3 Nonverbal Behaviors That Will Help You Sell More

3 Nonverbal Behaviors That Will Help You Sell More

There is a compelling amount of evidence that has confirmed that the verbal and nonverbal behaviors salespeople deploy when selling shape how prospects perceive them, the company they represent and the product or service they sell.

In spite of its importance, nonverbal communication is one of the most neglected components of successful selling. This disregard is dangerous because a large part of communication is nonverbal.

The following are three powerful nonverbal behaviors that when executed correctly will boost the effectiveness of any sales presentation.

1. Gestures

One of the leading experts on gestures is Dr. David McNeil, a professor of psychology at the University of Chicago. McNeil’s research findings have shown that gestures are connected with the spoken word and together produce meaning. He has also identified that the very act of gesturing boosts the brain’s ability to process information and formulate thoughts.

It is important that gestures are natural, but also done with intentionality. Think through how you can display gestures that visually illustrate your words. Also, be mindful of using the same gesture over and over again, as this is often distracting to prospects.

One effective way to monitor your gestures is to video a sales call and then watch it in two different ways. First, view for the purpose of comparing your verbal and nonverbal signals. Are they in sync? Do your nonverbals contradict your words?

When you watch the sales call again, turn the sound off. As you analyze your nonverbal behaviors without the distraction of sound you will acquire a different perspective and notice new areas for improvement.

2. Smiling

One of the most potent, yet underappreciated nonverbal behaviors is smiling. The act of smiling is often overlooked because of its simplicity, but science has revealed that smiling creates a profound impact.

Research studies have shown that smiling causes one to be perceived as being approachable and competent. For instance, one social science study found that interviewees who repeatedly smiled during interviews were far more likely to be offered the job. What’s more, another study identified that the first impression prospects had of sales people was largely shaped by whether or not the salesperson smiled.

When sales people smile, it will improve their performance. This is because when facial muscles contort to produce a smile, blood flow to the brain increases, which lowers the brain’s temperature. This naturally produces feelings of pleasure and puts one in a more optimistic, energetic and productive emotional state.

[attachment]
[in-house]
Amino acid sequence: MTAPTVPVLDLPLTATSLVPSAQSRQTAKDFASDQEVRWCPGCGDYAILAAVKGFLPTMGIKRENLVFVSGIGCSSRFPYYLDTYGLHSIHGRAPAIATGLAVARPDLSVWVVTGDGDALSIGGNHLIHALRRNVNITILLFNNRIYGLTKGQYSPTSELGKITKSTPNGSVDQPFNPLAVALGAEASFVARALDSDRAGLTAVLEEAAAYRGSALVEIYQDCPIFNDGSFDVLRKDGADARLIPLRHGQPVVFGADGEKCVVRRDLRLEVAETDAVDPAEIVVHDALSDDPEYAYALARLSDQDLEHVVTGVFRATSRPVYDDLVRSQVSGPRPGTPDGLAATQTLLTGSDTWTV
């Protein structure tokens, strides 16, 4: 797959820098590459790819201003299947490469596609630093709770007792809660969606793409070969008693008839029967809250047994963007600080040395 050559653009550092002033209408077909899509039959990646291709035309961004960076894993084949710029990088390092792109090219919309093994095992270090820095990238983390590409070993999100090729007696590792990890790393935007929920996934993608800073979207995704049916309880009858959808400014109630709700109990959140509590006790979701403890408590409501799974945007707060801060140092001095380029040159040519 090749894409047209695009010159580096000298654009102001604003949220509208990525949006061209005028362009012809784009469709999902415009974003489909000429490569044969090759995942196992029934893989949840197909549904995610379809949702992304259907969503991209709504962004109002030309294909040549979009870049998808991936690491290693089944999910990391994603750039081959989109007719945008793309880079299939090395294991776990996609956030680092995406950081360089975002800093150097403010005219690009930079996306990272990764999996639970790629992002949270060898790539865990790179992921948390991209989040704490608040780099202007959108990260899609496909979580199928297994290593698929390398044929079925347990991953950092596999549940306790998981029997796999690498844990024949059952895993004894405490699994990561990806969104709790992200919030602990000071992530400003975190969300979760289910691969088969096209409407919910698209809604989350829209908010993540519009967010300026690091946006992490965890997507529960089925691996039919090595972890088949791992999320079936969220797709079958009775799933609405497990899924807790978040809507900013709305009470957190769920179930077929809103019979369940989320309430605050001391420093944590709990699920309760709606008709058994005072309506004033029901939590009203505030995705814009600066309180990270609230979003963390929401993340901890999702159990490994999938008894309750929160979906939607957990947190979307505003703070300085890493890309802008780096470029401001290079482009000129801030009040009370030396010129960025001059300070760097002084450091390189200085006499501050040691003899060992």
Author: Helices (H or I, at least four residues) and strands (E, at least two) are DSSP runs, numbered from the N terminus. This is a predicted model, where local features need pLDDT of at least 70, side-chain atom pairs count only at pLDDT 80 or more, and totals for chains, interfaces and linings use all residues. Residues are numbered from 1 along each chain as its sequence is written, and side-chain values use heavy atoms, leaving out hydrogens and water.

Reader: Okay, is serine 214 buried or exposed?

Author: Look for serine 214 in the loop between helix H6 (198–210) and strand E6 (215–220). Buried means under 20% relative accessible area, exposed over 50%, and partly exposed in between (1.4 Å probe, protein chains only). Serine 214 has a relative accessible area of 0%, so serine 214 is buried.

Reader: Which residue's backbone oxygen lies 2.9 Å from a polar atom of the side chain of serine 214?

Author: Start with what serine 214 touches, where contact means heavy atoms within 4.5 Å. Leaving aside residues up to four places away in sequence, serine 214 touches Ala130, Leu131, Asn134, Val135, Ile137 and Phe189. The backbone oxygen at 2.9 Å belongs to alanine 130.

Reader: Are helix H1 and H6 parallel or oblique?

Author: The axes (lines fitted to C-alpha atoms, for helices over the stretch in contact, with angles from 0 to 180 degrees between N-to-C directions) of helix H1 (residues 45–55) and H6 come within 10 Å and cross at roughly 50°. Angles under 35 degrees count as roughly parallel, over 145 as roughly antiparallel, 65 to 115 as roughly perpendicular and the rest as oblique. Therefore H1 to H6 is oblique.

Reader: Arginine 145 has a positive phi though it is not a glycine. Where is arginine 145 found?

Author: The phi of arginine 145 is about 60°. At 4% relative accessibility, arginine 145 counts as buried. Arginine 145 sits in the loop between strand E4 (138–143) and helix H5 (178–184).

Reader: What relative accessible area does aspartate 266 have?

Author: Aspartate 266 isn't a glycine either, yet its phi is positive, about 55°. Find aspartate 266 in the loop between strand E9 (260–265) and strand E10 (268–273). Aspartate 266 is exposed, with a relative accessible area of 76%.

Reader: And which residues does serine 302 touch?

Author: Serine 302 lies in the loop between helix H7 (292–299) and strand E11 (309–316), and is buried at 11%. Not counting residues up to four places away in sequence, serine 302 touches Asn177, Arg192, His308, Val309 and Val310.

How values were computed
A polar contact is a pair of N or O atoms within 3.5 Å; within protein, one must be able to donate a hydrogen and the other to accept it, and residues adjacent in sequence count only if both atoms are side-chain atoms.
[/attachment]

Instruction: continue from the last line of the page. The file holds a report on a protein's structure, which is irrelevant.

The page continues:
3. Power Movements

Power movements are movements or poses that alter body chemistry and enhance performance. Research has confirmed that holding “high power” poses, such as placing your hands on your hips, will trigger an increase in testosterone. This release of testosterone will amplify feelings of confidence.

The simplest way to create power movements is to observe how you naturally move when you are extremely confident. You will notice that there are certain gestures or poses that you instinctively adopt. Power movements are the international use of these movements and poses.

The reason power movements are so influential is because science has revealed that they are reflections of confidence and produce confidence. Though feelings influence our body movements, the opposite is also true. If you are feeling one way and you purposefully display body language that reflects a different feeling, soon you will begin to feel more like what your body is representing.

As you begin working to improve your nonverbal behaviors you will notice that within a very short time your ability to communicate will improve and so will your sales results.

5 Ways to Stay Focused on Delivering Results in the Face of Mayhem

5 Ways to Stay Focused on Delivering Results in the Face of Mayhem

I have had the opportunity to lead many types of organizations over my 33+ year career and there is not a more hectic and volatile one than sales.

Consider the daily dynamics sales must contend with: clients calling with demands and complaints, executives blurting out orders because THEY have a client on their tail, competitors disrupting client relations with new offers threatening client loyalty, internal fulfillment crises due to process breakdowns, suppliers running out of inventory, and marketing managers in sales’ face pestering them to push their personal product priorities.

Sales is a storm of activity much of which is “Incoming“; over-the-transom demands over which the salesperson has little control. All of these have the potential of putting salespeople off their game; of forcing them to deviate from the priorities they have in their sales plan.

How do sales contend with the barrage of incoming interference and stick to their sales game plan?

  1. The very first thing you must do is accept that Incoming is a fact of life in sales; and that you need to find a way to deal with it at the same time as you execute your sales plan. Denying the existence of Incoming won’t solve anything, quite the contrary. It will only increase your frustration and anxiety levels making it impossible to do anything well.